Russia’s occupation policies have also provided economic incentives for collaborators and Russians that blend politics, business and organized crime, according to a study published this fall by David Lewis, a senior fellow at the Royal United Services Institute, a London-based research institute.
“There was a bewildering array of business interests, criminal groups, private military companies and ‘volunteer’ battalions, many of which mixed ideology, warfare and business seamlessly,” Mr. Lewis wrote.
A legal process allows property abandoned by fleeing Ukrainians to be assigned for management to others, typically Russian businessmen.
But Russians manage the occupation principally through repression, leaving behind evidence of detention, torture and killing wherever they have retreated. Volunteers at the crossing point near Sumy say Ukrainians arrive with harrowing accounts of war crimes several times a week.
A woman named Olha described how soldiers had entered her home and beaten her husband with a frying pan, accusing him of belonging to the Ukrainian underground. As they hit him, she said, they yelled, “‘Who are you helping!’”
A devious interrogation technique followed, she said.
The soldiers separated the couple. Olha said they then told her that her husband had confessed to being a spy, encouraging her to also blame him. The husband was arrested and his body later found in a forest outside the town, she said.
More typically, Ukrainians recounted everyday pressure to obtain Russian passports, and told of people being detained if they were overheard speaking ill of President Vladimir V. Putin of Russia.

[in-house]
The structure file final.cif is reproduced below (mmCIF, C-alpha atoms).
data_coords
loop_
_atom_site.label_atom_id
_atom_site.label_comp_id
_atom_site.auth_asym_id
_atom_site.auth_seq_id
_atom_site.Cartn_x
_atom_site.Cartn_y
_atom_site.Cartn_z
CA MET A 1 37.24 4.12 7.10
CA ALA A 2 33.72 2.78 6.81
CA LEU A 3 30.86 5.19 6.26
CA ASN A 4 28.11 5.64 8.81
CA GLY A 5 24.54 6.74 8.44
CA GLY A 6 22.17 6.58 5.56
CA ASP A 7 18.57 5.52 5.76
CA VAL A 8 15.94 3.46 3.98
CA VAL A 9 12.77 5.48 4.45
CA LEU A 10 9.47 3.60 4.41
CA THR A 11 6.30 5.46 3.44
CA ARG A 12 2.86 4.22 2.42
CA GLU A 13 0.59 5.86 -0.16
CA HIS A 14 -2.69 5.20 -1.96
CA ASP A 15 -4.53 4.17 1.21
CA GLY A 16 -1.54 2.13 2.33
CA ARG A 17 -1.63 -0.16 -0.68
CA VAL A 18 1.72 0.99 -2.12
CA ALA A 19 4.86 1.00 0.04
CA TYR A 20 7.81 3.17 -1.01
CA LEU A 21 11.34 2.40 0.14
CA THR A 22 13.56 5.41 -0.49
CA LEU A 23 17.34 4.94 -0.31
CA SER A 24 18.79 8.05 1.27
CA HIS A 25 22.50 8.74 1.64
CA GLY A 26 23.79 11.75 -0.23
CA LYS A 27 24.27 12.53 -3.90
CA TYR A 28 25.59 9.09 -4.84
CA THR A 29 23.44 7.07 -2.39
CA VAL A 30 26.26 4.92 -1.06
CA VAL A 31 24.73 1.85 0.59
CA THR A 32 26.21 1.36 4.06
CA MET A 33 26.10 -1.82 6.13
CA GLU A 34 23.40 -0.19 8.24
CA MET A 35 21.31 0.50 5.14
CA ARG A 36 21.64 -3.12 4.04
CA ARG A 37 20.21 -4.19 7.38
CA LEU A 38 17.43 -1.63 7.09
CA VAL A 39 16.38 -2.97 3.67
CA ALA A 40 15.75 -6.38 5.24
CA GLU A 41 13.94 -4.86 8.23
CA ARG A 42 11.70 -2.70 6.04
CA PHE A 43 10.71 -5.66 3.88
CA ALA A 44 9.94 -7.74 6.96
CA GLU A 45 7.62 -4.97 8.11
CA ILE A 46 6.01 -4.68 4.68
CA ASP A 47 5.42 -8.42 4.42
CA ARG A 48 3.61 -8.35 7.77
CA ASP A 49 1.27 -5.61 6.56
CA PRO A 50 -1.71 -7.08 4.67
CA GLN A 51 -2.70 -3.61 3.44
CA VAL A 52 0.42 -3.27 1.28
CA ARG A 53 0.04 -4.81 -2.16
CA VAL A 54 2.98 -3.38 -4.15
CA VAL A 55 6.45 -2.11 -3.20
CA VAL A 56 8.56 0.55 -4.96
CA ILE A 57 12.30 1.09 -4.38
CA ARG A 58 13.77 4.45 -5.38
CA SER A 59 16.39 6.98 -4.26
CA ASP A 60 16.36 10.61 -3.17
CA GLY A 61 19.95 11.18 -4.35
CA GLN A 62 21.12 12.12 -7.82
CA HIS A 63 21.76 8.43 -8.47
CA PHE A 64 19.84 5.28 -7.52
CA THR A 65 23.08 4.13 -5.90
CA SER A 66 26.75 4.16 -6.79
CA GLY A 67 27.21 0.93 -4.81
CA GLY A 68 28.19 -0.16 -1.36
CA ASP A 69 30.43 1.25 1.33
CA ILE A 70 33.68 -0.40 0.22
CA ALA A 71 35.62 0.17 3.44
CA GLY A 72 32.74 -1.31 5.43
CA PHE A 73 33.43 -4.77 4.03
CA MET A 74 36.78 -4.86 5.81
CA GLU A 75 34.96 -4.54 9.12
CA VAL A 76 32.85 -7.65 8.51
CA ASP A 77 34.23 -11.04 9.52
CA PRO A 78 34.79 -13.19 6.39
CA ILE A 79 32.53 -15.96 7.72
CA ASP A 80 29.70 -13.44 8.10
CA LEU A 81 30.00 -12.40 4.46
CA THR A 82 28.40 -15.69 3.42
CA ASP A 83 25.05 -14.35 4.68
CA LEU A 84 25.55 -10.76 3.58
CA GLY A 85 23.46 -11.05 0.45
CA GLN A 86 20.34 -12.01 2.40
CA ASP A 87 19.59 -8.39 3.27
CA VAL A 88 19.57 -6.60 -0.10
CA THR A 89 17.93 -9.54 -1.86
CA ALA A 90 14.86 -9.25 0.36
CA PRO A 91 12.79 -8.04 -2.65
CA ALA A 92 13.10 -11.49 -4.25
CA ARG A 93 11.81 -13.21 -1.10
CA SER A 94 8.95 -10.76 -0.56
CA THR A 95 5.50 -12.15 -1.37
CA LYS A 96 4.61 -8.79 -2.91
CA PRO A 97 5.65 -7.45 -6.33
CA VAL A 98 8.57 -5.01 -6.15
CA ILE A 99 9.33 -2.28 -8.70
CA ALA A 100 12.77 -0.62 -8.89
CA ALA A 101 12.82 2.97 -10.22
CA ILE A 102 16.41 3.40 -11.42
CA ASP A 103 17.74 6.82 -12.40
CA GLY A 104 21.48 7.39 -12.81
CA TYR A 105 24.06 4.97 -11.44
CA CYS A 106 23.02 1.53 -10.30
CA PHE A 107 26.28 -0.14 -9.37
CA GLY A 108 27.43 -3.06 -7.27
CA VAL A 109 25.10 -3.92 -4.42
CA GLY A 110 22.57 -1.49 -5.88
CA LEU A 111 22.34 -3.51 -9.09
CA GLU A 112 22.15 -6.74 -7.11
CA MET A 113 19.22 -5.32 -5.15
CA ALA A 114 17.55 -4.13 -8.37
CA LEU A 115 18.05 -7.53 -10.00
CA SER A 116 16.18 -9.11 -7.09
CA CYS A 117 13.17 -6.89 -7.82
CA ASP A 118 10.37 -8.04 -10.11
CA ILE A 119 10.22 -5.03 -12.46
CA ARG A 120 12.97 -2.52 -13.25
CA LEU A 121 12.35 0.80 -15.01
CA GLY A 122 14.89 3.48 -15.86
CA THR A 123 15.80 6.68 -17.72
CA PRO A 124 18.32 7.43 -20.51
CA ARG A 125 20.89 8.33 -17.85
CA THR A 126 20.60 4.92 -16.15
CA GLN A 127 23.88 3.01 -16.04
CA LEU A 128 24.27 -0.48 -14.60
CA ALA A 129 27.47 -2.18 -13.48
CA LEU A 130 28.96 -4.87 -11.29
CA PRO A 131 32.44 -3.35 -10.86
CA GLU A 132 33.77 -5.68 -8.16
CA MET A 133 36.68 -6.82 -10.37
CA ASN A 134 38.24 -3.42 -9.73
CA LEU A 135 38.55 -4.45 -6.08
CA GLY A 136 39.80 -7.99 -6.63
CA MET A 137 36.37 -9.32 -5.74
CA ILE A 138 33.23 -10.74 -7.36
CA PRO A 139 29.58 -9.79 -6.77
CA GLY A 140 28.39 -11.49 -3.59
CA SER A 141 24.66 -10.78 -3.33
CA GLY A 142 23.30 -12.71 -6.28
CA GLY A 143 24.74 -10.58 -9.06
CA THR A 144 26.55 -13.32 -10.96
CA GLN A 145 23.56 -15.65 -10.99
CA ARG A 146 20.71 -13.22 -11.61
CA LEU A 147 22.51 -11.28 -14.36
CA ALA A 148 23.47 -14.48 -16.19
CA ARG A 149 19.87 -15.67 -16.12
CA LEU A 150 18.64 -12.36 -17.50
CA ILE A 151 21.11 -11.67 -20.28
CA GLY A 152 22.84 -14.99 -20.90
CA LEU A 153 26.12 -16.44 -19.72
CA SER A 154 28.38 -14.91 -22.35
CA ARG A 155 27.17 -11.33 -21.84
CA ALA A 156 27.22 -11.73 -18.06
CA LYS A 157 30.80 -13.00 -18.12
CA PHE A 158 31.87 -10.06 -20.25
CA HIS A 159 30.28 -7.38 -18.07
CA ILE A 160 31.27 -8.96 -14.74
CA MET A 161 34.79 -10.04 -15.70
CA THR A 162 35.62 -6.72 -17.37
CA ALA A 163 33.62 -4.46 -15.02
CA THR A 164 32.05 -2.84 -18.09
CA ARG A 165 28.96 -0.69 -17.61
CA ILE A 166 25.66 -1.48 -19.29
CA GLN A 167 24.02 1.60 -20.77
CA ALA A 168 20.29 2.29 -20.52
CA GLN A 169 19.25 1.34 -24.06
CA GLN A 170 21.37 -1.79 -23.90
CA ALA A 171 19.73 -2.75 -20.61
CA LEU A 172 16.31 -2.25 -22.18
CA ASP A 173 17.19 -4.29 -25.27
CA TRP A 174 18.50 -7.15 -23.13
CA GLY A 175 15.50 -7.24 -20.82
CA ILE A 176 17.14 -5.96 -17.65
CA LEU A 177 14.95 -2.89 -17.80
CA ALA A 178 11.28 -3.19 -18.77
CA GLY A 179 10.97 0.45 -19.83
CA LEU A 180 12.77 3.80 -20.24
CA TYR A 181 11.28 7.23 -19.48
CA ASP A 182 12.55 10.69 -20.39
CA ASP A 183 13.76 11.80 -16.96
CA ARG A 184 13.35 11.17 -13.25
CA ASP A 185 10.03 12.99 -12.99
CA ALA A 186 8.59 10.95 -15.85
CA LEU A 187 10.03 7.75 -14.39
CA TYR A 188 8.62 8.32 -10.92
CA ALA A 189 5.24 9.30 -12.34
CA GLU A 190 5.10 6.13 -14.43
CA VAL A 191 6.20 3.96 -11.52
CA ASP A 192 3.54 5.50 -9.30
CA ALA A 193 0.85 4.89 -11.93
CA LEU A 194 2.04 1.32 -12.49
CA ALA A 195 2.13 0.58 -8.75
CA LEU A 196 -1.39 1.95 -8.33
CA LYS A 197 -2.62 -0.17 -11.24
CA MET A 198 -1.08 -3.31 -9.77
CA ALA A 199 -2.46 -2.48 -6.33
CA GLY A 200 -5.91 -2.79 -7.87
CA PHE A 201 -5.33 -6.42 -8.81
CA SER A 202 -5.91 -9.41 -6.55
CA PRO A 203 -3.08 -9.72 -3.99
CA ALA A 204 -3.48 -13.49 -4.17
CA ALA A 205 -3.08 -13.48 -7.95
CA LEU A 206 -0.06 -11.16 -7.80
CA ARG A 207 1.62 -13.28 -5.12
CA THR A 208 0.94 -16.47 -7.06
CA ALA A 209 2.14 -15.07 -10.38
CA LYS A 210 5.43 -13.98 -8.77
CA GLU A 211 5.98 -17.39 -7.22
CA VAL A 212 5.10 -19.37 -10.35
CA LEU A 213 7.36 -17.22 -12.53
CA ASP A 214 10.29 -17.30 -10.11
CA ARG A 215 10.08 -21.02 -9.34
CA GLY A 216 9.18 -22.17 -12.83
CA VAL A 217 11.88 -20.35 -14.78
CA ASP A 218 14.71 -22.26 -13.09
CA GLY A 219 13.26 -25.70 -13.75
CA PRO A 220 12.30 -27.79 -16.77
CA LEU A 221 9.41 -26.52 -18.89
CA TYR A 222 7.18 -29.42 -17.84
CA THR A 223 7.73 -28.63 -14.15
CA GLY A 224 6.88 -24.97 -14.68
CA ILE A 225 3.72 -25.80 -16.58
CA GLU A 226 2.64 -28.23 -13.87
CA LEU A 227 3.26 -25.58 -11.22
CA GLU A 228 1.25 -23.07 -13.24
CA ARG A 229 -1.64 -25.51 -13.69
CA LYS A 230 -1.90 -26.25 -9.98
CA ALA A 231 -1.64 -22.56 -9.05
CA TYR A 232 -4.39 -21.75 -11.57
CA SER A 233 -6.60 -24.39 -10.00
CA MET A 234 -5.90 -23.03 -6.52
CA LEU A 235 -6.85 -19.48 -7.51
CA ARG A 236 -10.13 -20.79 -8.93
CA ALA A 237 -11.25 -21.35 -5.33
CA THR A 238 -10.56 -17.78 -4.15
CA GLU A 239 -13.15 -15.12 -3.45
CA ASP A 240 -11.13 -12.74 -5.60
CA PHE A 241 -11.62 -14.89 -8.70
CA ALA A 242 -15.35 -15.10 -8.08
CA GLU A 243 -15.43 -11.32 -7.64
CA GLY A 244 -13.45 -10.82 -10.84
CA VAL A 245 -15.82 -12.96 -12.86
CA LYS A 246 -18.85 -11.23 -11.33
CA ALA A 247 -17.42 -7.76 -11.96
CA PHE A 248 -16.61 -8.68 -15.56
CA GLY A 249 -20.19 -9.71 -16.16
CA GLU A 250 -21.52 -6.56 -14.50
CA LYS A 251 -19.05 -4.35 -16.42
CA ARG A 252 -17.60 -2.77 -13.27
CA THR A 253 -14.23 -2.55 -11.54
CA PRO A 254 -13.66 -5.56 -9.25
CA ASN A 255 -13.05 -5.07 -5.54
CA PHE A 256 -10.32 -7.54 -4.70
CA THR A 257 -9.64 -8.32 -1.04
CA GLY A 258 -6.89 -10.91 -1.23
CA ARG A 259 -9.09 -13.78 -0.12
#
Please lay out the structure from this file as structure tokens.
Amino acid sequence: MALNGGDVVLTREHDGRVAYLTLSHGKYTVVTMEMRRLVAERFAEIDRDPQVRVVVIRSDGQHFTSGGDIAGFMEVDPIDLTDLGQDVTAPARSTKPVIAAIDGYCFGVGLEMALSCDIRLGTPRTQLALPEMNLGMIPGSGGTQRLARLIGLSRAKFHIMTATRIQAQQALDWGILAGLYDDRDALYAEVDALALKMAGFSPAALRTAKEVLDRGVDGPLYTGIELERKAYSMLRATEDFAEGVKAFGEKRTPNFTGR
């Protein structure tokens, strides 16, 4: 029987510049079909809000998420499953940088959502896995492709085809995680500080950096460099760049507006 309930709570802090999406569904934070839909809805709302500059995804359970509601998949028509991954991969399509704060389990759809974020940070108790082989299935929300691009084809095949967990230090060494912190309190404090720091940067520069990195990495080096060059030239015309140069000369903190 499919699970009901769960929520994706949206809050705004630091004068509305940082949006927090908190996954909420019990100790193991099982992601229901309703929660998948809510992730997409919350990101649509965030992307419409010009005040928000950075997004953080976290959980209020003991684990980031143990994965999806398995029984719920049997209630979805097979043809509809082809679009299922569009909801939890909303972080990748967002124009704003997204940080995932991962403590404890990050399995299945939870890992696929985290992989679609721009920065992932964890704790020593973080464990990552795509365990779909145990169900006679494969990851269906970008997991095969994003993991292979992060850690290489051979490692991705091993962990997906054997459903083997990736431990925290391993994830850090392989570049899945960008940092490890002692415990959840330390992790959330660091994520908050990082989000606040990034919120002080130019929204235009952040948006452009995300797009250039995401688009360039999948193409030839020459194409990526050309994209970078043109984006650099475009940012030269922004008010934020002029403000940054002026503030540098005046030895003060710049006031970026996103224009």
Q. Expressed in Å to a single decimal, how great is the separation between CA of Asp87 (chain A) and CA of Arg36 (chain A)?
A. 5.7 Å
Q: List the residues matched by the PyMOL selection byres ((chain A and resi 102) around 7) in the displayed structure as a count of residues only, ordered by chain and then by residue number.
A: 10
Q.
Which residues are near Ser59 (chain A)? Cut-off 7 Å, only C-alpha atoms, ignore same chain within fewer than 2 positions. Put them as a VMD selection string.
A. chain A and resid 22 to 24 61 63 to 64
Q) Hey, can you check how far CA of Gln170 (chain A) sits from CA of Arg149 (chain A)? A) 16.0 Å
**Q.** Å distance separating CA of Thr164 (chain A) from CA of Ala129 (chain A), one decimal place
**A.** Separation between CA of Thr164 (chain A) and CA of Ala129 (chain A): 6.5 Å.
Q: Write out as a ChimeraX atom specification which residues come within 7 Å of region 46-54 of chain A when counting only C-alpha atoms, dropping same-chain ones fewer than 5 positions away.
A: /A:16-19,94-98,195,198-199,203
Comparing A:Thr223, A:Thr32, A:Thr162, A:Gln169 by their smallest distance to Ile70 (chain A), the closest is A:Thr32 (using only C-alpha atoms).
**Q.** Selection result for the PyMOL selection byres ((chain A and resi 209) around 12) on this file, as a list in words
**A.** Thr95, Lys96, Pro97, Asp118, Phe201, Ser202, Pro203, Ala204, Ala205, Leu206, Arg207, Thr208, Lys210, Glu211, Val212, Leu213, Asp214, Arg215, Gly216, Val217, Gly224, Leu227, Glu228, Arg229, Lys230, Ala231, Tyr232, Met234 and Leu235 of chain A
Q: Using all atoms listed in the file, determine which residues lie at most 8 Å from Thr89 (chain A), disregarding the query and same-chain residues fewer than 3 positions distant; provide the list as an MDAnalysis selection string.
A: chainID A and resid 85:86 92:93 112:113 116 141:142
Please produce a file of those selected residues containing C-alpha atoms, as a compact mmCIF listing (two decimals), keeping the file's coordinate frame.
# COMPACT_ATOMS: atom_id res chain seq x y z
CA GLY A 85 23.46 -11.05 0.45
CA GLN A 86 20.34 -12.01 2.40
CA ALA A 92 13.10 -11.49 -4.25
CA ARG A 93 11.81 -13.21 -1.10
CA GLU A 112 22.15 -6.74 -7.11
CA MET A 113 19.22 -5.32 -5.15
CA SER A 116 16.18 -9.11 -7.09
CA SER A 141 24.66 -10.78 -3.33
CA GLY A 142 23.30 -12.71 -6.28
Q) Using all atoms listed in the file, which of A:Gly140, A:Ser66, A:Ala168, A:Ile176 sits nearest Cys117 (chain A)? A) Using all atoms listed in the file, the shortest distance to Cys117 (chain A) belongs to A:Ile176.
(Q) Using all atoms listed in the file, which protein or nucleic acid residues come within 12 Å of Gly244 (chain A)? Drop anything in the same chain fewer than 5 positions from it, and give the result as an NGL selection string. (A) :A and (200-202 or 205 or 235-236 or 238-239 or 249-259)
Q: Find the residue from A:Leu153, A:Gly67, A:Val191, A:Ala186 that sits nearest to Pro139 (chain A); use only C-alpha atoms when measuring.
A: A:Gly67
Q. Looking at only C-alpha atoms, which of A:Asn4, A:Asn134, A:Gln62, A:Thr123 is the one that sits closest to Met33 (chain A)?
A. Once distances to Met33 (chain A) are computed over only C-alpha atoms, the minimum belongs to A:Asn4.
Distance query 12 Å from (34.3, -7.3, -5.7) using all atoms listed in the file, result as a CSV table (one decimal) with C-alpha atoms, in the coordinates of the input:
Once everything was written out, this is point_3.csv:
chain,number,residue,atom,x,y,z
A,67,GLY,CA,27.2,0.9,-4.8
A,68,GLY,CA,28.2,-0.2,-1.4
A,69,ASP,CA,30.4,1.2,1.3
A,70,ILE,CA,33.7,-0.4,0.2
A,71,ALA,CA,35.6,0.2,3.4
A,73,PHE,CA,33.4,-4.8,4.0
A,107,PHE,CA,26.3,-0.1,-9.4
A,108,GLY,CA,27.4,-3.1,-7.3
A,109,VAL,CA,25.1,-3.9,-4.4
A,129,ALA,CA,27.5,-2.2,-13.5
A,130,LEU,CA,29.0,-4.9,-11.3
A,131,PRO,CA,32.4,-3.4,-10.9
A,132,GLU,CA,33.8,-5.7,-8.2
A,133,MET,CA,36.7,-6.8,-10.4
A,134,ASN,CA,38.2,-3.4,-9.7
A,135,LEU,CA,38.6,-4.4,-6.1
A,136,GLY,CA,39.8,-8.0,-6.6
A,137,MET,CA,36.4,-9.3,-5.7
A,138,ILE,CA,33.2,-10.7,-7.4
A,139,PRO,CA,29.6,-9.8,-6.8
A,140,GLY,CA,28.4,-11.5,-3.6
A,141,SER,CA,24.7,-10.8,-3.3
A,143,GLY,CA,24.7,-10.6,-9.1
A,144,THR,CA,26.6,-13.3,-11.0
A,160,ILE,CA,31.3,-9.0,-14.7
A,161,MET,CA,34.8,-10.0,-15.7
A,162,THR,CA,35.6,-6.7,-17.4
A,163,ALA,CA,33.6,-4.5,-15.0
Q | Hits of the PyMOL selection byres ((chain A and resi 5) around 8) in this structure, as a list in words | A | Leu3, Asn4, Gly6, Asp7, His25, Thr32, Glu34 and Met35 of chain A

The Ukrainian authorities say they do not object to Ukrainians obtaining Russian passports to avoid arrest or allow travel.
“Living without a Russian passport in the temporarily occupied territories is very hard and dangerous,” said Ivan Fedorov, the mayor of Melitopol, who fled to Ukrainian-controlled territory in the months after his city was seized by Russian forces.
Tetyana Korobkova, a psychologist who councils those who cross the border in a distraught state, said older people are most often upset about the homes or farms they have left behind, feeling that a lifetime of work has been lost with seemingly little chance now that it will be recovered through Ukrainian military advances.
Young women crossing over have described rapes, Ms. Korobkova said. And parents worry that their children will inadvertently reveal the family’s anti-Russian views while attending school. “They ask children sly questions” in schools, she said. “If the child answers wrong, they will visit the parents.”
Many displaced people find themselves in a kind of emotional limbo, unable fully to commit to new lives in new surroundings, and perhaps hoping they will someday return to their home.
Mykola, 64, fled from Enerhodar, a city on the Dnipro River with a prewar population of about 50,000. About 8,000 people remained, he estimated.
He does not regret leaving. The city and much of occupied Ukraine, he said, is “like the Chernobyl zone,” the area of eerie, empty towns abandoned after the 1986 nuclear disaster.
Billboards in the city, he said, proclaim: “Enerhodar is forever with Russia.”
Yurii Shyvala contributed reporting from Kyiv, Ukraine.